A lawyer for George Zimmerman on Monday said it was unlikely Zimmerman would face federal civil rights charges after his acquittal in the shooting death of teenager Trayvon Martin.
A jury in Sanford, Fla., found neighborhood watchman Zimmerman not guilty on charges of second-degree murder and manslaughter in the killing of Martin, an unarmed black teenager, in a case that gripped the nation’s attention and sparked debate about racial profiling and gun laws.
Democrats and civil rights groups are pressing for the Justice Department to bring federal charges against Zimmerman.
The DOJ on Sunday said it was evaluating the evidence in the case and reviewing the state trial.
“Experienced federal prosecutors will determine whether the evidence reveals a prosecutable violation of any of the limited federal criminal civil rights statutes within our jurisdiction, and whether federal prosecution is appropriate in accordance with the Department's policy governing successive federal prosecution following a state trial,” said Dena Iverson, a DOJ spokeswoman.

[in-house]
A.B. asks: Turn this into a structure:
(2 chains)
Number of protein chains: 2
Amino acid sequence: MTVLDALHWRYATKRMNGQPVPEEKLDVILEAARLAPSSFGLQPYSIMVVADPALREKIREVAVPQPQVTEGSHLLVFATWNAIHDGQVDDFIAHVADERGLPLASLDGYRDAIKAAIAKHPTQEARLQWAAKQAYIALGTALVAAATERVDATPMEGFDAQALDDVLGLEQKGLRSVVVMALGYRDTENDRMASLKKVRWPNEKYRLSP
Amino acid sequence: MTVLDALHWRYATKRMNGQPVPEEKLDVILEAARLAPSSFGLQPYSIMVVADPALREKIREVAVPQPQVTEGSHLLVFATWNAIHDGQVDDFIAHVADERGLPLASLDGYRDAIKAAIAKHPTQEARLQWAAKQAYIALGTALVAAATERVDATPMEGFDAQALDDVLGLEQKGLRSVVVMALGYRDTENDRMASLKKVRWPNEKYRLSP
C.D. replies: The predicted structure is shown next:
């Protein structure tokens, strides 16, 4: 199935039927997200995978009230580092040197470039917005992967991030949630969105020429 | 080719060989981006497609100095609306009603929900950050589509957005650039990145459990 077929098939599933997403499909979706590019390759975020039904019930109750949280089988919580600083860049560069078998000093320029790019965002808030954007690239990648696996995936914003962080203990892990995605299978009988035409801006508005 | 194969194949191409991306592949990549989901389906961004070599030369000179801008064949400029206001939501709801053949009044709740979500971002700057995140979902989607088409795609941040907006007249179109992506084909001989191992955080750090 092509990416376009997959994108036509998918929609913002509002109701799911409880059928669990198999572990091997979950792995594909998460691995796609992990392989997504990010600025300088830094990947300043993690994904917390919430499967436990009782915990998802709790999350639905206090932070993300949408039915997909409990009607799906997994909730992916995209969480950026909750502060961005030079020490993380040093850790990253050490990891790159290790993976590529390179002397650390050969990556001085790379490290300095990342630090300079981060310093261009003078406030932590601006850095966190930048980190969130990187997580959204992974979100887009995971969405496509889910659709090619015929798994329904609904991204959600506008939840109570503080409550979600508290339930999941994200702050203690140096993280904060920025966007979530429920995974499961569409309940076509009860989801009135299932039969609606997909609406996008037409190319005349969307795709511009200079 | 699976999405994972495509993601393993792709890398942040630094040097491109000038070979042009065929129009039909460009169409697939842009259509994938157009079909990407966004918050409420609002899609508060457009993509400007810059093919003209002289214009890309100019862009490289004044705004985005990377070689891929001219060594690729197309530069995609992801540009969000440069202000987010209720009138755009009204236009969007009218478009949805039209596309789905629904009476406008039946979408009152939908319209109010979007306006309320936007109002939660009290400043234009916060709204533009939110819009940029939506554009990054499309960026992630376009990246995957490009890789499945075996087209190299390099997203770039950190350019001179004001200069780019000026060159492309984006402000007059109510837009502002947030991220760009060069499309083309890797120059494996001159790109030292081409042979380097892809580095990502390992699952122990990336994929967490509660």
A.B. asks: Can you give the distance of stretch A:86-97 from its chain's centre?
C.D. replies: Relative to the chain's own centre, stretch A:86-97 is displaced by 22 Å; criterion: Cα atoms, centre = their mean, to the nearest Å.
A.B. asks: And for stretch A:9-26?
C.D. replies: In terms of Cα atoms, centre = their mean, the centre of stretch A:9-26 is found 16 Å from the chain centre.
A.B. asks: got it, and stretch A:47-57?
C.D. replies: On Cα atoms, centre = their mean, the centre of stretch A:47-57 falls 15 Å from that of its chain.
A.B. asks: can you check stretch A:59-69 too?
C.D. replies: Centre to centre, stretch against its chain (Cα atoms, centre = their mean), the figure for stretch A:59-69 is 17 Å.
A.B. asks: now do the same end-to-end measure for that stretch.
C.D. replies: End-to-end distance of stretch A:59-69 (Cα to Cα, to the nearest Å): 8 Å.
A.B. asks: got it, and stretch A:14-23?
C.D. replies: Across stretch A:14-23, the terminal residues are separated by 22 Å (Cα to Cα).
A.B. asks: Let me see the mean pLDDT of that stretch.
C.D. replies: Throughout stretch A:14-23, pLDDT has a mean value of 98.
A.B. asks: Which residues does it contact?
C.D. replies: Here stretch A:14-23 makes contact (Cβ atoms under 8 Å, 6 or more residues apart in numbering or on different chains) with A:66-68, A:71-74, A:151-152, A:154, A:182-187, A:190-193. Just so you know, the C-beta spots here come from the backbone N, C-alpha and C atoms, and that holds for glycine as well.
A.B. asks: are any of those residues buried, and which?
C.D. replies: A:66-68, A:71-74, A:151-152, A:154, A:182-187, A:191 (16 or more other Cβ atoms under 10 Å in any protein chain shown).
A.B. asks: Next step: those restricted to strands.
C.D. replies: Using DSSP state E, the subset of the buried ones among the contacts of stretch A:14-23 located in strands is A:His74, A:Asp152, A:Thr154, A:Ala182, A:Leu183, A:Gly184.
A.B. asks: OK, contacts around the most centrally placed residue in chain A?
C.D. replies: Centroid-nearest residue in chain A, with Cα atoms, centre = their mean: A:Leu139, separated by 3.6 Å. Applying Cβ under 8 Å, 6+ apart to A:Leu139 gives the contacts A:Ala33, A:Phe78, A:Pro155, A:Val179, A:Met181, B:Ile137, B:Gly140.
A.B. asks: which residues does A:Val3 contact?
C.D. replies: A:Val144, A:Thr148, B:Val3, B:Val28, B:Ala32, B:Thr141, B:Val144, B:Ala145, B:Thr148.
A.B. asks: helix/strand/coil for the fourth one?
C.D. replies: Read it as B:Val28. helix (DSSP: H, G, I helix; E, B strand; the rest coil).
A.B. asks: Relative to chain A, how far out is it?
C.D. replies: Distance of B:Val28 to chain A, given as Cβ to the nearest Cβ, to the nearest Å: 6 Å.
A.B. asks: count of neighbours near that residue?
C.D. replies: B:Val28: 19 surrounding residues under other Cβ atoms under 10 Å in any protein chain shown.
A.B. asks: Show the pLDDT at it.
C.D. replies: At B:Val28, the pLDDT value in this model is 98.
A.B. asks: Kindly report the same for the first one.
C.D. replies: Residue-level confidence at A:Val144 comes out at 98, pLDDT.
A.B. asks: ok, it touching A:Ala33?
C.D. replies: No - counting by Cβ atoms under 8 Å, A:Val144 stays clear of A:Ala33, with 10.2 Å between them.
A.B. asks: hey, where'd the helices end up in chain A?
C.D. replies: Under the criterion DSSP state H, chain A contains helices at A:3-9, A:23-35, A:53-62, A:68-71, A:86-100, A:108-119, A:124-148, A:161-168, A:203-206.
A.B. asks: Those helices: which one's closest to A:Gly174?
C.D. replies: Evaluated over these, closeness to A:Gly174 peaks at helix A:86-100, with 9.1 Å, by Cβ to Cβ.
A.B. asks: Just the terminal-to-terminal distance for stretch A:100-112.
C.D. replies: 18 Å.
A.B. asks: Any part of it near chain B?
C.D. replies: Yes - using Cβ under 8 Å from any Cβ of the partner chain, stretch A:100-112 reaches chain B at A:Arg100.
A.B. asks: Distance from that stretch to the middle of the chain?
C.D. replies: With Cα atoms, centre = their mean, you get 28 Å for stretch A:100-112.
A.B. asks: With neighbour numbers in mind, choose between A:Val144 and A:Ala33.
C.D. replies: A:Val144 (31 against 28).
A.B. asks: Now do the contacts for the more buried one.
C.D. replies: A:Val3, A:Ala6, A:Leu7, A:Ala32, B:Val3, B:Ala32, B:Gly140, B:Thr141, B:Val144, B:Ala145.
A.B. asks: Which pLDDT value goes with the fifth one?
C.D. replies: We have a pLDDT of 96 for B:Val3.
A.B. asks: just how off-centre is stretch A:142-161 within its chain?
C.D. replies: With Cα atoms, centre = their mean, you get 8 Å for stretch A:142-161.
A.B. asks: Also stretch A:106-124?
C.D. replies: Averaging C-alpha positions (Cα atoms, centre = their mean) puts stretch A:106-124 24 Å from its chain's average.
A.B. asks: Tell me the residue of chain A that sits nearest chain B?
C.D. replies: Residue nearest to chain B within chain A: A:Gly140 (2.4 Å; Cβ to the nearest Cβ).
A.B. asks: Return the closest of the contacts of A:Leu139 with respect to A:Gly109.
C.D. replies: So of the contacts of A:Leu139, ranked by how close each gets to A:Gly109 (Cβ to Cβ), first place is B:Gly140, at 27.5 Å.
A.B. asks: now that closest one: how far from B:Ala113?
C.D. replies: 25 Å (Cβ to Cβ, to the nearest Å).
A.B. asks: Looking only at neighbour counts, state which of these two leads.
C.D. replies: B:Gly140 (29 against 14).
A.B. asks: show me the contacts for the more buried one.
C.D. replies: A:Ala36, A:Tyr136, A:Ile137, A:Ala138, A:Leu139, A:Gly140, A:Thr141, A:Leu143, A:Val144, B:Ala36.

Iverson said the inquiry was being conducted by the DOJ, FBI and U.S. attorneys in Florida. The department first began looking into the Zimmerman case last year.
West said Monday that he had seen nothing that suggested federal authorities had a case against Zimmerman based on their initial review.
“We have received extensive information along within the discovery in our case of what the FBI has done. Absolutely nothing would suggest that this was a hate crime in any way whatsoever,” he said.
But Attorney General Eric HolderEric H. HolderEllison needles Perez for 'unverifiable' claim of DNC support With party in trouble, Dems hit voting laws Bottom Line MORE is facing intense pressure from Democratic lawmakers and civil rights leaders to act.
“I think the Justice Department is going to take a look at this. This isn’t over with, and I think that’s good,” said Senate Majority Leader Harry ReidHarry ReidIf Gorsuch pick leads to 'crisis,' Dems should look in mirror first Senate confirms Mulvaney to be Trump’s budget chief Democrats declare victory after Puzder bows out MORE on NBC’s “Meet the Press.”
NAACP President Ben Jealous said Sunday his group had already spoken with top DOJ officials about possible federal charges and launched a petition to rally support.
President Obama on Sunday called the death of Trayvon Martin a “tragedy” but urged “calm” after Zimmerman’s acquittal. Obama did not comment on the calls for federal prosecution.